But it can be particularly challenging to put this into action, he added, as modern life makes it easy for people to create social silos — only listening to and interacting with people who think the same way that they do.

“How can we create opportunities for people in our country to actually get to know one another?” Murthy said. “You build a relationship first. … Snarky posts on Twitter never change anyone’s mind.”

Restructuring health systems around the humanity of the patient — and the clinicians

The issues that plague Americans in general — loneliness, emotional pain, and burnout — are even more pronounced among physicians. This worries Murthy.

He emphasized the benefits for medical students and physicians of creating daily rituals that are grounding, even if they just think about what they are grateful for while they brush their teeth.

“Those anchors are very important for us,” he said.

But the impetus for creating a better environment for health care workers doesn’t lie solely with the individuals; it must start at the top.

“We’ve had a culture that tells us somehow that struggle is a sign of weakness,” Murthy said. “We have to create a culture where it is actually OK to be vulnerable.”

He added that, to create real change, institutional leadership must reexamine their commitment to structures that place more emphasis on billing, correcting clinical deficiencies, and procuring funding than on improving patient care.

“When was the last time you heard of somebody being promoted to tenure at your medical school because they were amazing at patient care and they build great relationships?” Murthy said. “The message that we send the newest members of our profession is that that stuff doesn’t matter — that what matters most is your publishing, your bringing in funding, that’s what drives change in medicine. And the truth is that’s not why most people got into this profession. We got in here to be a part of people’s lives, to spend time with patients, and to help people heal.”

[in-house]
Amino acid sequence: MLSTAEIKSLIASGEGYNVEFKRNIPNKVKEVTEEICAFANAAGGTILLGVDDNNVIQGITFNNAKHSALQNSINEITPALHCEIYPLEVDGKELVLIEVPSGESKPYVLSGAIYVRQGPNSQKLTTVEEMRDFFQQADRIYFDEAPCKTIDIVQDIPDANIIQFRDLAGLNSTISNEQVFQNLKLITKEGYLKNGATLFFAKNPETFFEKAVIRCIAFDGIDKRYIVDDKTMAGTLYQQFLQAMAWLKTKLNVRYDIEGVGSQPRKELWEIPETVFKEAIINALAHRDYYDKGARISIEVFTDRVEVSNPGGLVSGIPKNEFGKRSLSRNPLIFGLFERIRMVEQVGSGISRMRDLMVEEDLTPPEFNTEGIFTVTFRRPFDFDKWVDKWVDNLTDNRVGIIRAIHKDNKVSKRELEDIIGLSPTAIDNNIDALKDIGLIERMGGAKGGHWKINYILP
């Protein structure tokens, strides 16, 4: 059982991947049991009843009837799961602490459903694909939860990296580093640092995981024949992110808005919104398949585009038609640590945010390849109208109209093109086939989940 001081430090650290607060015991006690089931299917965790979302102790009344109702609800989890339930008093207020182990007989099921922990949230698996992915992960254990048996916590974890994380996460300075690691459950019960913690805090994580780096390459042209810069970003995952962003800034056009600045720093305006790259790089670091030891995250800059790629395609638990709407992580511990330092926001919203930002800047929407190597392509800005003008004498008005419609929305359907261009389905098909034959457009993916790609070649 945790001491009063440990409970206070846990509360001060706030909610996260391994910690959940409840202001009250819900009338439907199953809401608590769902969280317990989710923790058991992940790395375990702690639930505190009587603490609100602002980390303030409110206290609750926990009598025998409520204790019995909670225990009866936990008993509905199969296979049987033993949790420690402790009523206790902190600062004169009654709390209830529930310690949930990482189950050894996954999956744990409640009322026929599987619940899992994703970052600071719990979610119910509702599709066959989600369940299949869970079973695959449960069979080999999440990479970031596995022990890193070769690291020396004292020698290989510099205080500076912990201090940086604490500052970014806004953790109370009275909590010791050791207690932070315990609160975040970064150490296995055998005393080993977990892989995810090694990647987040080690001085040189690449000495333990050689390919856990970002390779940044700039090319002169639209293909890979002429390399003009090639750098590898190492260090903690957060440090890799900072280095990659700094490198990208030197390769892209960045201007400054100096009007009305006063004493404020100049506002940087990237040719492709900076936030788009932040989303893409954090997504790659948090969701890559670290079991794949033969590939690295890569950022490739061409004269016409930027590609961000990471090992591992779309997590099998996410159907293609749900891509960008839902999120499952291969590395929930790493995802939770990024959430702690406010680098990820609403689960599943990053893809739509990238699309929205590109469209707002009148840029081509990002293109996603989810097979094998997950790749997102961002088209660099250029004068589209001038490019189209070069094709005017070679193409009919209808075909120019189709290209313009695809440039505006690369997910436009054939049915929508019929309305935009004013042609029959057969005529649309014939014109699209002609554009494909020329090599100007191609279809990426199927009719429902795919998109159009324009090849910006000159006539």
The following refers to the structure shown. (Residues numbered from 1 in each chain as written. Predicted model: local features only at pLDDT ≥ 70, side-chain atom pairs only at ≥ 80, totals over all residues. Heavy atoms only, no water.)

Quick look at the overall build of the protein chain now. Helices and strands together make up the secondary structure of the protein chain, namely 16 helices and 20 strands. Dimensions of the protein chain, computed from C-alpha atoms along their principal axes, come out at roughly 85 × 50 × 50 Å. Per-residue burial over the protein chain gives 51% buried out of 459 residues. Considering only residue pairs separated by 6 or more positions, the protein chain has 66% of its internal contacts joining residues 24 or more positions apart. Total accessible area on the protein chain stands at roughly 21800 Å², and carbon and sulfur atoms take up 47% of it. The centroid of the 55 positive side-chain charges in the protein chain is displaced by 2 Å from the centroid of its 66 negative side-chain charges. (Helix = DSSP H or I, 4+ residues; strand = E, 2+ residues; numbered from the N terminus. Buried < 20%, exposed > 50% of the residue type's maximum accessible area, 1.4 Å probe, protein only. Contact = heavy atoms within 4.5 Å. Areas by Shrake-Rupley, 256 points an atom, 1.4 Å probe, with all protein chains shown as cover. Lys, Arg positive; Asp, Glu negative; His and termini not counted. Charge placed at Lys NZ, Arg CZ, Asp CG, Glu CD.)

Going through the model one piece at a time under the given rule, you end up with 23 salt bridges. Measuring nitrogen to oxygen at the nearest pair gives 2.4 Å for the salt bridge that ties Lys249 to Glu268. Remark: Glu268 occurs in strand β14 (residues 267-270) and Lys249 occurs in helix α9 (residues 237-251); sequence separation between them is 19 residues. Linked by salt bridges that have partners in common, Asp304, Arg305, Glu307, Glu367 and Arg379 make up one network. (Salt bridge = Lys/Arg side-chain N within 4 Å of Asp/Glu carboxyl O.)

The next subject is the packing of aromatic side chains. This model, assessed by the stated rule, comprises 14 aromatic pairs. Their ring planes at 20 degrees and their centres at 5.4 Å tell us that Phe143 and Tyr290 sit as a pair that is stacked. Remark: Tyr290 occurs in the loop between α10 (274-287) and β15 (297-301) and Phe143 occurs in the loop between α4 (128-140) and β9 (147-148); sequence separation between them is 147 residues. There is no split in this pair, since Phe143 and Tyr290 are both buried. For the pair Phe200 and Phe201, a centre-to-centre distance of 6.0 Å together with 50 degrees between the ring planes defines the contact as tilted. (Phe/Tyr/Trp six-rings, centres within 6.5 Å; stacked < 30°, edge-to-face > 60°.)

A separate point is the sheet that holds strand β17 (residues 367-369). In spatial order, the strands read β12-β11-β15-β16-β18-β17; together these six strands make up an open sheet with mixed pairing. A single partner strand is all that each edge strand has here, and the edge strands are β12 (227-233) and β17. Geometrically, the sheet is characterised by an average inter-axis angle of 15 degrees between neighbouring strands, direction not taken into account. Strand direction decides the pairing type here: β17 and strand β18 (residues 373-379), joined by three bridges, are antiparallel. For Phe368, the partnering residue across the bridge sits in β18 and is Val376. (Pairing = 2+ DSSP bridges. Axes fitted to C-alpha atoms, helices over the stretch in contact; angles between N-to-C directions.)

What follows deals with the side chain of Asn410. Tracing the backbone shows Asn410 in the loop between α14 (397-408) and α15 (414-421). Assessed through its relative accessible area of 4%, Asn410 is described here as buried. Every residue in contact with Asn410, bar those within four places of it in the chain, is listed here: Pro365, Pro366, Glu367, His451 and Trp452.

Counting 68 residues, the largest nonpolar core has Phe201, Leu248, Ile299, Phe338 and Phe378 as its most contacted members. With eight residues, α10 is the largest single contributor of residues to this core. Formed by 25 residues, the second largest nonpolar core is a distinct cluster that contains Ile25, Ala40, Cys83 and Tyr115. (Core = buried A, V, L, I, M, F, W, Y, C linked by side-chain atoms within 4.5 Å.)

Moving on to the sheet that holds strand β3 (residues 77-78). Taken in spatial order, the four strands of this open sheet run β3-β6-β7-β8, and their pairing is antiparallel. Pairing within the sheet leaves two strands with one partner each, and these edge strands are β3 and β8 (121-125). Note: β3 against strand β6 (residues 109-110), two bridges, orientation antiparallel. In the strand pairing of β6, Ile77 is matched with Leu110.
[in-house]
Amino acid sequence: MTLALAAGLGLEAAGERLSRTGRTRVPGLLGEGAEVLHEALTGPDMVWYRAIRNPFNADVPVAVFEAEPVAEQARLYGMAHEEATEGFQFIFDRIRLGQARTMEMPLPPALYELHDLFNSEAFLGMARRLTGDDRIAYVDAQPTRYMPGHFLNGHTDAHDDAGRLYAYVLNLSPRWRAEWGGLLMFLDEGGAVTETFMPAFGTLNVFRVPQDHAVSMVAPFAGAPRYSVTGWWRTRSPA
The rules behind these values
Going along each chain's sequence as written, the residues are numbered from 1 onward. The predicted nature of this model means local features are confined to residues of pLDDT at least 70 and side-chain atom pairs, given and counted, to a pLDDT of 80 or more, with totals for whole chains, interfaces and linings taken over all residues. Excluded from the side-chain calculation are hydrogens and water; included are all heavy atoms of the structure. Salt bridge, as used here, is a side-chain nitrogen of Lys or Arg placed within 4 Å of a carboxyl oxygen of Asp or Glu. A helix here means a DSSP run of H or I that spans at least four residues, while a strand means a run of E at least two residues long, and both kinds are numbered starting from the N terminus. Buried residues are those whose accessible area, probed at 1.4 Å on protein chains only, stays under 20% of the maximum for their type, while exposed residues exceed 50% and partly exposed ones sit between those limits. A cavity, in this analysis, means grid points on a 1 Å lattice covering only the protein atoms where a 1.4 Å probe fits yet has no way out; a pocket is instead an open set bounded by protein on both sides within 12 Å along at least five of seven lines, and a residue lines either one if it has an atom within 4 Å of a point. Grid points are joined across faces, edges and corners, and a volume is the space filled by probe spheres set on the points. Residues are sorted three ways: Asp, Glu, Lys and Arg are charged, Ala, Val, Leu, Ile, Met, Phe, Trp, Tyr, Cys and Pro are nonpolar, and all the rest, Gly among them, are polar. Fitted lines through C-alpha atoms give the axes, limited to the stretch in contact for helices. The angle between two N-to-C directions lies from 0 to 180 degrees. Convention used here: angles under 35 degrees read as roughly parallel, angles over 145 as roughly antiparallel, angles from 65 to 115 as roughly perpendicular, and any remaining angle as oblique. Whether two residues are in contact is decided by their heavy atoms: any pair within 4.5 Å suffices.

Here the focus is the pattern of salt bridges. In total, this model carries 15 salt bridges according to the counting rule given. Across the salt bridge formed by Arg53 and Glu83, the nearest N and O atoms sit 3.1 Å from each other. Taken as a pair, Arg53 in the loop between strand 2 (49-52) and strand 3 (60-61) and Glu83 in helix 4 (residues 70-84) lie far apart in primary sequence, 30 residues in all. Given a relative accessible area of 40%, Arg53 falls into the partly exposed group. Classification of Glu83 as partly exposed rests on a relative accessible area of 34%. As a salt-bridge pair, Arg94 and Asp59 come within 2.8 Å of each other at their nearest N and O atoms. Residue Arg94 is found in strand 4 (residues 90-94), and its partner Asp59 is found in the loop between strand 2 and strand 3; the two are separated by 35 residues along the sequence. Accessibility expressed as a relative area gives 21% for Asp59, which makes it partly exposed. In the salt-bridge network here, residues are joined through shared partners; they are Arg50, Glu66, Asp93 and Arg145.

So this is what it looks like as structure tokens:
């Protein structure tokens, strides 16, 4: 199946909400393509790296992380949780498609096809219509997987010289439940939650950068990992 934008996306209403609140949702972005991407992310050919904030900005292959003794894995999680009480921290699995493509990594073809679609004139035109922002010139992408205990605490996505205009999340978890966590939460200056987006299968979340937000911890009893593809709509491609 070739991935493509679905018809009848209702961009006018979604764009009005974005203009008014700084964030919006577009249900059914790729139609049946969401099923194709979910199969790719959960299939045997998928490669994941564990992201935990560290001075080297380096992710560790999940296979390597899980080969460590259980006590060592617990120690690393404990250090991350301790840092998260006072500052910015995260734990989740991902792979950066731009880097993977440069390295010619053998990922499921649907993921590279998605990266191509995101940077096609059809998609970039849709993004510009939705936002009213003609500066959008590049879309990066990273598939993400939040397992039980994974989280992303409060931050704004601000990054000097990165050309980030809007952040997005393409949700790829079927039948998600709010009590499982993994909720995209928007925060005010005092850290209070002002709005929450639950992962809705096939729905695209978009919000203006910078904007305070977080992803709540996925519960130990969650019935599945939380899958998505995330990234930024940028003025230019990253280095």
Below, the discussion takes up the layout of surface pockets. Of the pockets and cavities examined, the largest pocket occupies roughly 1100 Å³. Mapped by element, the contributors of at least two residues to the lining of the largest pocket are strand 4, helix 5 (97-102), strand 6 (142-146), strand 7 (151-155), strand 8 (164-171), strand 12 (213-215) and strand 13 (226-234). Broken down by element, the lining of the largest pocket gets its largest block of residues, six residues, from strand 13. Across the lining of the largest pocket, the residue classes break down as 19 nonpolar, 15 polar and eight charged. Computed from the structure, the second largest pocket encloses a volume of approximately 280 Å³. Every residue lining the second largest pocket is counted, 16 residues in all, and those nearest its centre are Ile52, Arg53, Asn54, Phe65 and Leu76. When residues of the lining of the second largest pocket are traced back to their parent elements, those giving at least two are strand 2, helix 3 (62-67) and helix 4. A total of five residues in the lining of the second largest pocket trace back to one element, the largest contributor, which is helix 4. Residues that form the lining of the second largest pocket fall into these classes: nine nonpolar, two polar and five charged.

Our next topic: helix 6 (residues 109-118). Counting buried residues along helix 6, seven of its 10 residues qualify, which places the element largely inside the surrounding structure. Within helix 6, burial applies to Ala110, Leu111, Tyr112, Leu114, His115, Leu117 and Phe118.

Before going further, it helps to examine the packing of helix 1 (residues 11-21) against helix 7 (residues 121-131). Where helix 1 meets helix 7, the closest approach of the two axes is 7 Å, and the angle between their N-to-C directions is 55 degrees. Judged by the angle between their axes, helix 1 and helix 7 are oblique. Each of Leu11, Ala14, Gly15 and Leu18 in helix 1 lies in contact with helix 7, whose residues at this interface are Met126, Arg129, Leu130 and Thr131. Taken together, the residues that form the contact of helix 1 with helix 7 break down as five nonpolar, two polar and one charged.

Improving the health of patients will also have to go beyond treating their ailments. 

For clinicians, it can be disheartening to have a patient whose health and well-being is impacted by something that the clinician has little control over – such as access to healthy food, housing, or other social determinants of health, Murthy said.

That’s why health systems should recognize the need to create community partnerships and give doctors the time and bandwidth to be engaged in making changes to the factors that impact their patients’ health.

“We have to do this, not only for the well-being of our patients, but we have to do it to sustain our profession, because we can’t endure more and more years of doctors burning out at the rates that they are,” Murthy said. “We have an opportunity to reflect, reevaluate, and change direction — to build the kind of culture in medicine that we need and that our trainees, in particular, truly deserve.”